“The Killing Moon” by N.K. Jemisin is set in a fantasy world loosely based on ancient Egypt. It has been nominated for the Nebula Award for 2012, and I can see why it’d be a favorite. The prose is gorgeous, and it is refreshingly different than many fantasy novels I’ve been reading lately.
This would be a fantastic book for sociology students to explore differences between cultures. Further, it’d be a great segue into a discussion of ethnocentrism, cultural relativism, and culture shock. There are two major cultures discussed in the book: Gujaareh and Kisua. The history of these societies is intertwined, and the cultures have both similarities and differences. One of the key differences is each culture’s view of magic. Magic is seen as essential in Gujaareh while it is seen as abhorrent in Kisua, as noted by one of the three main characters, Sunandi. She spies on Gujaareh for Kisua. On the other hand, the other main characters, Ehiru and Nijiri, are gatherers, performing an important role in their magic based culture, Gujaareh. Gatherers are the harvesters of souls. They see their role as an important and positive one. On the other hand, Sunandi and her people see them as murderers. This greatly simplifies Jemisin’s complex cultures and plots. You see all three main characters experience culture shock at various points in the book. Ehiru has been assigned to reap Sunandi, but after spending time with her, he decides that she is not actually corrupt. I loved this exchange between Ehiru and Sunandi towards the end of the book when he informs her that he will not be carrying out the sentence to end her life:
“‘See to it that you never grow corrupt enough to accept evil without losing sleep, however, or it will be dangerous for you to enter Gujaareh again…’”
She eventually replies, “‘Be sure you tell your apprentice, too, priest. He doesn’t like me.’”
“In spite of his mood, Ehiru smiled, ‘Nijiri has little experience with foreigners or women. You confuse him.’”
“‘And that which confuses must be destroyed?’”
“‘Or understood. But you Sunandi Jeh Kalawe, are a difficult woman to understand under the best of circumstances. You can’t blame Nijiri for throwing up his hands and deciding to kill you as the simplest solution to the matter.’”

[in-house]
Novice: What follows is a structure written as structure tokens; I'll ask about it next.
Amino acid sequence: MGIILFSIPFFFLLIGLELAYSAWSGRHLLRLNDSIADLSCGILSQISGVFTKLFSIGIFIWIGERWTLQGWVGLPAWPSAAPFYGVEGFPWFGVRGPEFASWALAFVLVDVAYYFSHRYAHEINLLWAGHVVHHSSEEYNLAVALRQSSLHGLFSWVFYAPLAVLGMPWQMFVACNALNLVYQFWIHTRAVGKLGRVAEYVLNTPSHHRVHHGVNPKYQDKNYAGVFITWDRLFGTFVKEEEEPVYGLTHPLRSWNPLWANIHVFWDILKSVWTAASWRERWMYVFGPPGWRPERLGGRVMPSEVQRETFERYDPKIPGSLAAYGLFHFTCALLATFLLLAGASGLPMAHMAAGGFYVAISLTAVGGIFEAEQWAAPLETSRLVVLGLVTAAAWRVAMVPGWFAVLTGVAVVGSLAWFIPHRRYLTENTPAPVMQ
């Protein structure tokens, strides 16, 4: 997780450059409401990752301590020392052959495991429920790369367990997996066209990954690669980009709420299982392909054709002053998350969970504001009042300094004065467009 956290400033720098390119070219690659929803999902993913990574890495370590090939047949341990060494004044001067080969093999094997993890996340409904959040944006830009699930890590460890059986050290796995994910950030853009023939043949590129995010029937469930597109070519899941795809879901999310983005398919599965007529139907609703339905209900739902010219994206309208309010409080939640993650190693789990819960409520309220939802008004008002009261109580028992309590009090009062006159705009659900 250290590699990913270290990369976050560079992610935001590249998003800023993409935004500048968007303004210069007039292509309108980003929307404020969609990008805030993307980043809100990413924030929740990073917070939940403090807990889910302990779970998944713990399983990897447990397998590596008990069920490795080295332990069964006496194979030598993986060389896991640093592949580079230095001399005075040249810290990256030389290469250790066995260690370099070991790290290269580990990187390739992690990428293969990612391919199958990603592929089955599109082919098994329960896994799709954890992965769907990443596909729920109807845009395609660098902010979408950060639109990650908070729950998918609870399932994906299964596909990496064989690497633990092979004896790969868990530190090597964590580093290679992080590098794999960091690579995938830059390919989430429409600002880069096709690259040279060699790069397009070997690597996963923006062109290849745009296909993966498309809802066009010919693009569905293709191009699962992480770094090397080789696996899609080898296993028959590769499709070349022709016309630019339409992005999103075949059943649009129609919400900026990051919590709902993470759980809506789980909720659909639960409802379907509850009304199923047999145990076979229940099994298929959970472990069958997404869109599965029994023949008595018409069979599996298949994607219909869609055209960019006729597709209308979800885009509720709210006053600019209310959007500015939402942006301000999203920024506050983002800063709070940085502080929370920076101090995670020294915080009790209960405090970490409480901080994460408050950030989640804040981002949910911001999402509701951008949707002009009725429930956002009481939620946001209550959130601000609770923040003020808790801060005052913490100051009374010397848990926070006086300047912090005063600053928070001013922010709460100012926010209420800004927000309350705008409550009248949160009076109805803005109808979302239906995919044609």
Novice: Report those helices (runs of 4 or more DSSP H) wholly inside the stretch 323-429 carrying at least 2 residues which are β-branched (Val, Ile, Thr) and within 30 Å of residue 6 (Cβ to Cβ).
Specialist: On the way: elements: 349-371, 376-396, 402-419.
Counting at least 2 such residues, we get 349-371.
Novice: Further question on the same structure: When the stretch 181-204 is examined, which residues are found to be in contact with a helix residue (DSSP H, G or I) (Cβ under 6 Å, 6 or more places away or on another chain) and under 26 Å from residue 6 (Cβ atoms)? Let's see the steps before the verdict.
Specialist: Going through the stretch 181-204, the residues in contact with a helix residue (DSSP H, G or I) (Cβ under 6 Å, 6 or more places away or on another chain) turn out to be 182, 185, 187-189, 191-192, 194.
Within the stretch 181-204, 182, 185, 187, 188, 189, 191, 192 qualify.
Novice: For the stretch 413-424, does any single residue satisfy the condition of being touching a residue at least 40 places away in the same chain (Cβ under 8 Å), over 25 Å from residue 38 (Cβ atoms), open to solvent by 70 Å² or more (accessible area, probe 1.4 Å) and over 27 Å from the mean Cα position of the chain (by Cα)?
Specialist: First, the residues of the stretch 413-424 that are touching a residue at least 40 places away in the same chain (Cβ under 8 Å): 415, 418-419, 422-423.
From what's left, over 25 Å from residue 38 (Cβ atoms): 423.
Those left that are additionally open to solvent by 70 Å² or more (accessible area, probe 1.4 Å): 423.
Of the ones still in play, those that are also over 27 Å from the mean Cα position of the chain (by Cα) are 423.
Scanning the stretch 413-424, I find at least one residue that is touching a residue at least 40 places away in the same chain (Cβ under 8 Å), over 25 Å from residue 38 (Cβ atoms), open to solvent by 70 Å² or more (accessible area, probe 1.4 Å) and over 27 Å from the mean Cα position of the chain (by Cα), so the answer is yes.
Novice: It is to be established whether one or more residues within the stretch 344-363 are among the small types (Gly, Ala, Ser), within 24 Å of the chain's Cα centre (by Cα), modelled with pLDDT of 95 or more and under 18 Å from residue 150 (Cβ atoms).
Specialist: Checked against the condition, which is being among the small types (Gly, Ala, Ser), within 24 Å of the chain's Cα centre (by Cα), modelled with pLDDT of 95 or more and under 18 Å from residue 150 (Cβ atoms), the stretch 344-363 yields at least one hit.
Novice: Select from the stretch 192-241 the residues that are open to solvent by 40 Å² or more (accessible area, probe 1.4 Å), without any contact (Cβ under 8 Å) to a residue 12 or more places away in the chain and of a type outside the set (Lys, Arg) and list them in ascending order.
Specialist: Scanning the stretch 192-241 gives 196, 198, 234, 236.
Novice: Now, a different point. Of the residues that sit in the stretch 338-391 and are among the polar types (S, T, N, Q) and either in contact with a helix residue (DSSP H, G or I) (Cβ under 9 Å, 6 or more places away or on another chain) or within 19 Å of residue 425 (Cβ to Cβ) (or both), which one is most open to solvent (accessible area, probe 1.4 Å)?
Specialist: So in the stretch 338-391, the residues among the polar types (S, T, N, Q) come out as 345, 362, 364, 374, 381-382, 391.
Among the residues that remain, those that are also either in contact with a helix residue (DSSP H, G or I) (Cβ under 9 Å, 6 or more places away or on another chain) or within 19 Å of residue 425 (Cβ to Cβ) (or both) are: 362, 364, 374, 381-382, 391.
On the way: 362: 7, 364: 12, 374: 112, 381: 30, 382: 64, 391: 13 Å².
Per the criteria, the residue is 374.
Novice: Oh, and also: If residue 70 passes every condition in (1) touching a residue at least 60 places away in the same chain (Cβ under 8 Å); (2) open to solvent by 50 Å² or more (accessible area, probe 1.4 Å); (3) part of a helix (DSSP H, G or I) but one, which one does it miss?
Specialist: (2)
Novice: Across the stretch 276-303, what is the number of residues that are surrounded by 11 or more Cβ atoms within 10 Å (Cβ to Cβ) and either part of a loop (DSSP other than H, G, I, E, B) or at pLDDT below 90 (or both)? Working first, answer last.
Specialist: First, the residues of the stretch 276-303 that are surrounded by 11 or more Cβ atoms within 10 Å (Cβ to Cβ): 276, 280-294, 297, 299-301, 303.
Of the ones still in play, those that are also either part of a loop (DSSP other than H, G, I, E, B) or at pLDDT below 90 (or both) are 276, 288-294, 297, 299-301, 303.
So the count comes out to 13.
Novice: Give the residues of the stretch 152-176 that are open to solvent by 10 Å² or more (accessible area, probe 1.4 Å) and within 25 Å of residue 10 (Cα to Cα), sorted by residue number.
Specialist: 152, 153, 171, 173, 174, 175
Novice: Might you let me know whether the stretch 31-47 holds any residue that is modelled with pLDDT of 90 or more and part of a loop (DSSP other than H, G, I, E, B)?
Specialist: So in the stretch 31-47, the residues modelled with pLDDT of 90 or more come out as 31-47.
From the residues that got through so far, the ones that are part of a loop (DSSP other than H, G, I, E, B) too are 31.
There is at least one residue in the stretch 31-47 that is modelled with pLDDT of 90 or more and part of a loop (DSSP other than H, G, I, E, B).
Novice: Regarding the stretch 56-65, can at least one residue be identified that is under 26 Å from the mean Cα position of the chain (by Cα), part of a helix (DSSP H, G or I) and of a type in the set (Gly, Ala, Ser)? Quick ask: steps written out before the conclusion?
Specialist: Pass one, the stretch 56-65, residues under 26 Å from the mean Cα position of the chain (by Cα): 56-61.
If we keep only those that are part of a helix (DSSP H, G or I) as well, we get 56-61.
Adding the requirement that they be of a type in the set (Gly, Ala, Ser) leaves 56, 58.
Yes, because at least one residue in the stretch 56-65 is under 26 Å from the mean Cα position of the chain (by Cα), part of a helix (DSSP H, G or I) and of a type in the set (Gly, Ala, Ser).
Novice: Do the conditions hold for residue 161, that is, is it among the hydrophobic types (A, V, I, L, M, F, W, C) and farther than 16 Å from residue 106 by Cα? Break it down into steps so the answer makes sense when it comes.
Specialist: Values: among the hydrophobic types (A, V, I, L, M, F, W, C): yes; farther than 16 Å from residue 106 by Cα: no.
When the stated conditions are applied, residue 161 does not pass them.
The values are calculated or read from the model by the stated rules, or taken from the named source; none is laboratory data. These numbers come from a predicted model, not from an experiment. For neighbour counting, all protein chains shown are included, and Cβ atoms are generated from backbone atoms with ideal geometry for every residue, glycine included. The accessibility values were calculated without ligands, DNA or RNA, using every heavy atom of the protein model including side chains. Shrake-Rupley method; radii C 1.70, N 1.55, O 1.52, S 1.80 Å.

This illustrates the difficulties of relating to people of radically different cultures. When are most dear values are placed under question, it may cause great discomfort. Yet, we have a choice to try to understand the other society or to attack it. This relates to the ideas of ethnocentrism and cultural relativism. Ethnocentrism occurs when we apply our own cultural values to another society. For example, if I, as a person living in the United States, travel to a place that eschews technology, I might be tempted to think of them as “primitive” or “backwards.” Nijiri viewed Sunandi’s culture as corrupt, as not peaceful. This can obviously be a two way street, as Sunandi also judged Nijiri’s culture negatively. On the other hand, cultural relativism occurs when a person tries to understand another culture from its own viewpoint.
In terms of stratification and inequality, the book also explores culture in terms of gender, social class, and sexual orientation. As a side note, I liked the fact that Jemisin looked at the love that can develop between a pupil and mentor, as well as how a person might use his (or her) power in an institution to gain influence over someone with less power. Also, I think that she explores a same-sex relationship in a beautiful way. While I loved Jemisin’s first series and recommend it, too, I prefer “The Killing Moon” in terms of exploration of culture and inequality. I can’t wait to read the second book in her “Dreamblood” series.